Mastering a digital mix to analog tape and back.

Discussion in 'Mastering' started by jm2, Oct 24, 2008.

  1. jm2

    jm2 Active Member

    I read somewhere that sometimes a digital mix will be put onto analog tape and then converted back to digital in an effort to induce the warmth of analog tape.

    Is this a common procedure, and how effective is it at doing just that, namely adding some warmth or body, or replicating an analog sound?

    I realize the question could perhaps fit in other forum categories, but if I were to have this done with a mix of mine, this step would be done by a mastering engineer at a full process studio, hence my desire to get the perspective from contributors to this forum.
     
  2. Massive Mastering

    Massive Mastering Well-Known Member

    It's not exactly "common" -- It can be reasonably effective on a fairly stellar sounding mix.

    It's NOT a "fix" for a "sterile" sounding mix. It's not necessarily superior than 'traditional' analog processing. It will NOT make a recording sound like it was tracked to analog tape. There's most definitely a subtle 'warmth' added (assuming the converters and the deck are up to the task at hand) and it occasionally can be one of those "ahhhhh" moments. But not often, certainly not as a 'go-to' process.

    I do layback a few times a year -

    I'm big on doing whatever a mix asks for. For layback, it has to beg for it.

    Is there a reason you wouldn't simply mix to analog?
     
  3. RemyRAD

    RemyRAD Well-Known Member

    As John pointed out, taking digital to analog tape and back again, isn't necessarily something regularly done. But for an actual reel example of how one might use this process, I'll elaborate.

    One of the desirable advantages of analog tape recording is its nonlinearity. That is to say when one approaches the maximum amount of signal that the tape can accept, it begins to get "saturated". This saturation makes the tape react like a limiter, to a certain degree. A limiter that adds a certain amount and type of distortion that causes a desirable mush factor or, "warmth". This can be particularly effective sounding on instruments with strong transients such as drums. Most effective upon drums.

    So to gain this benefit you push the drums hard on analog tape, even banging the meters at times. If you have recorded your drums digitally and not overloaded your drum tracks? You could take your drum tracks and feed them to the analog machine. While recording the drums to analog, you can monitor the playback head. As you increase your input level to the tape, while monitoring tape playback, while recording, you'll start to hear the results of the saturation. The drums will appear to " fatten up" before the sound turns to crap. Real bad sounding crap. So it's a fine line. Now of course, this would cause a delay based on the distance between the record & playback head. Thankfully in the land of nonlinear digital recording in a computer, you could realign the track back into synchronization. BUT WAIT! You might think you could just record the drums to analog tape, rewind the tape and then play it back into the computer. Well guess what? It won't hold synchronization. So the only way to accomplish this, in an economical way, for a home project studio, would be to accomplish this in real time. That is, while recording to analog tape and playing back in real-time through its playback head, you have to be transferring the output of the analog machine back into the computer or your digital multitrack machine, to other empty tracks, while you are recording on the analog tape. Otherwise, it would require a gaggle of external synchronizer's & specially equipped analog tape machines along with an interface to your computer. A whole lot more stuff than this explanation can get into.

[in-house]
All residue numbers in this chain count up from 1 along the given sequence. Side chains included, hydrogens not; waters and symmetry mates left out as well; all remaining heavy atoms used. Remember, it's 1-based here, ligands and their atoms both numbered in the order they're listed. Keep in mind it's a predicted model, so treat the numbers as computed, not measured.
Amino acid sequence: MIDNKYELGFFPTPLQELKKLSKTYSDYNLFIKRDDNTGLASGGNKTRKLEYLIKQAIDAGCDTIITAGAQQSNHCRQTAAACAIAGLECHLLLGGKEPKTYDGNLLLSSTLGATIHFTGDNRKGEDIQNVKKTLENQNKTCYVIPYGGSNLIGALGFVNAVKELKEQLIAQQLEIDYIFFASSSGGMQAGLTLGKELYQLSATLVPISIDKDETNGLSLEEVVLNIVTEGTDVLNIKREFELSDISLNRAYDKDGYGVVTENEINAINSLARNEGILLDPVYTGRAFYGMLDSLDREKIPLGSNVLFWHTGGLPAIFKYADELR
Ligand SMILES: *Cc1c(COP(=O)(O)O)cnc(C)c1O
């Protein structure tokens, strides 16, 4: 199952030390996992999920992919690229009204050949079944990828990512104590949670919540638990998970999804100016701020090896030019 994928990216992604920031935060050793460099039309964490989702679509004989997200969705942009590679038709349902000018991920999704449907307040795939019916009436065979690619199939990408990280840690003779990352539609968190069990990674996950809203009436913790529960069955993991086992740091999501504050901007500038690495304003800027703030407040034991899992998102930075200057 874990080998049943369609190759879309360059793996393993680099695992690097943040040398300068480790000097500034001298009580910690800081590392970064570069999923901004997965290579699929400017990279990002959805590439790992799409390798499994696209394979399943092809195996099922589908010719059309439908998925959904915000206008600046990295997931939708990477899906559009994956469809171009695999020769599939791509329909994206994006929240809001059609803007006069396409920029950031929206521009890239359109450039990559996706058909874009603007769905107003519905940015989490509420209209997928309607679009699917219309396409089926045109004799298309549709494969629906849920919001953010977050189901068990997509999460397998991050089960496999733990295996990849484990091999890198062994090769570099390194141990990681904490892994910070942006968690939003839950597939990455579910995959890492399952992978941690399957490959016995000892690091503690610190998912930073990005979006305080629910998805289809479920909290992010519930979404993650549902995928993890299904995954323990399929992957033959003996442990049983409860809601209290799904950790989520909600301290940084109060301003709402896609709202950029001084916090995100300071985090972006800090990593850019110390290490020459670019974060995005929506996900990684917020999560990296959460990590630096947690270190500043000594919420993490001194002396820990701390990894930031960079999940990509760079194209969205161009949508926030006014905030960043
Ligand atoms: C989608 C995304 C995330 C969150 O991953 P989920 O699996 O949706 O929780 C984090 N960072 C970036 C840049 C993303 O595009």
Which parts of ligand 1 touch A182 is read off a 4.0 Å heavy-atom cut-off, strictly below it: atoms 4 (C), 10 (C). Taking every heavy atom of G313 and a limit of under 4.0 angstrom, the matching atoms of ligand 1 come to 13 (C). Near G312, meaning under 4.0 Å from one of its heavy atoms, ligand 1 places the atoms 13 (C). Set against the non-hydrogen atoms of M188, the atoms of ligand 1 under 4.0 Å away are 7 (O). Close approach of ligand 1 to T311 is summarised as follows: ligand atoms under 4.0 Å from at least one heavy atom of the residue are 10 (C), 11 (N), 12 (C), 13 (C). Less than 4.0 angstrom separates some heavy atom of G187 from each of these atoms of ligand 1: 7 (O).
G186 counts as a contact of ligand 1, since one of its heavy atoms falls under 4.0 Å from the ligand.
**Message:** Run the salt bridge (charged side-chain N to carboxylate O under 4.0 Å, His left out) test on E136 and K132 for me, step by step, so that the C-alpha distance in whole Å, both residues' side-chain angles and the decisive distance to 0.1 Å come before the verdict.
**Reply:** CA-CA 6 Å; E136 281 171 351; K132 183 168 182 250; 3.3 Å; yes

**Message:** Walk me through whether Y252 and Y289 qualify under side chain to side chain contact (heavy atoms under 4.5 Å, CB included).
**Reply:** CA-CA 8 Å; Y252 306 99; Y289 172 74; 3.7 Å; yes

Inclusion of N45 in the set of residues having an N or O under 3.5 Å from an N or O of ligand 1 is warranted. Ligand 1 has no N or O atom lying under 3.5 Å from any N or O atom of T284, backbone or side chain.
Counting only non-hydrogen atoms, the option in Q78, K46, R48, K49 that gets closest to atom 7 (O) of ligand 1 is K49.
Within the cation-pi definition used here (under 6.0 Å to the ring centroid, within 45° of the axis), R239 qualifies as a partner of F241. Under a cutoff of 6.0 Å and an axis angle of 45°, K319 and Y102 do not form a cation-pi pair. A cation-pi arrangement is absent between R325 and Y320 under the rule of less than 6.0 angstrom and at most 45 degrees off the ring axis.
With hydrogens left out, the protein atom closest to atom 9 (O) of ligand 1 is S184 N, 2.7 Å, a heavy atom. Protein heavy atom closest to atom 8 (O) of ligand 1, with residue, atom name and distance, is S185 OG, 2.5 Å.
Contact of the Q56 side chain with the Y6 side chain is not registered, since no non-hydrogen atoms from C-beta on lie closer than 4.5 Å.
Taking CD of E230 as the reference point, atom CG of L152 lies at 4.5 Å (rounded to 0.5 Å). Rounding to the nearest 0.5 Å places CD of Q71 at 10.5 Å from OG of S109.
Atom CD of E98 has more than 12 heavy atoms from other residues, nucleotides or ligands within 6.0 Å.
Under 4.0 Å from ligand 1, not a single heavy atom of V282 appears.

In a different explanation, quite a few mastering engineers will take a clients digital recording and play it back through a superior digital to analog processor. Then this superior analog signal can be filtered and/or compressed and/or limited, utilizing esoteric analog equipment. That signal is then put through a superior analog to digital converter to create the optimized & retransferred digital master. The mastering engineer can then make yet more changes in the digital domain. So a best of both worlds scenario without ever necessarily going to analog tape. But all of the above can be employed and has been by many. Like John said, it can make the best sounding mix, even better. Conversely, it can make a big heap of crap sound like a slice of salami on a dog food sandwich. Which might be better than just a dog food sandwich? But not by much.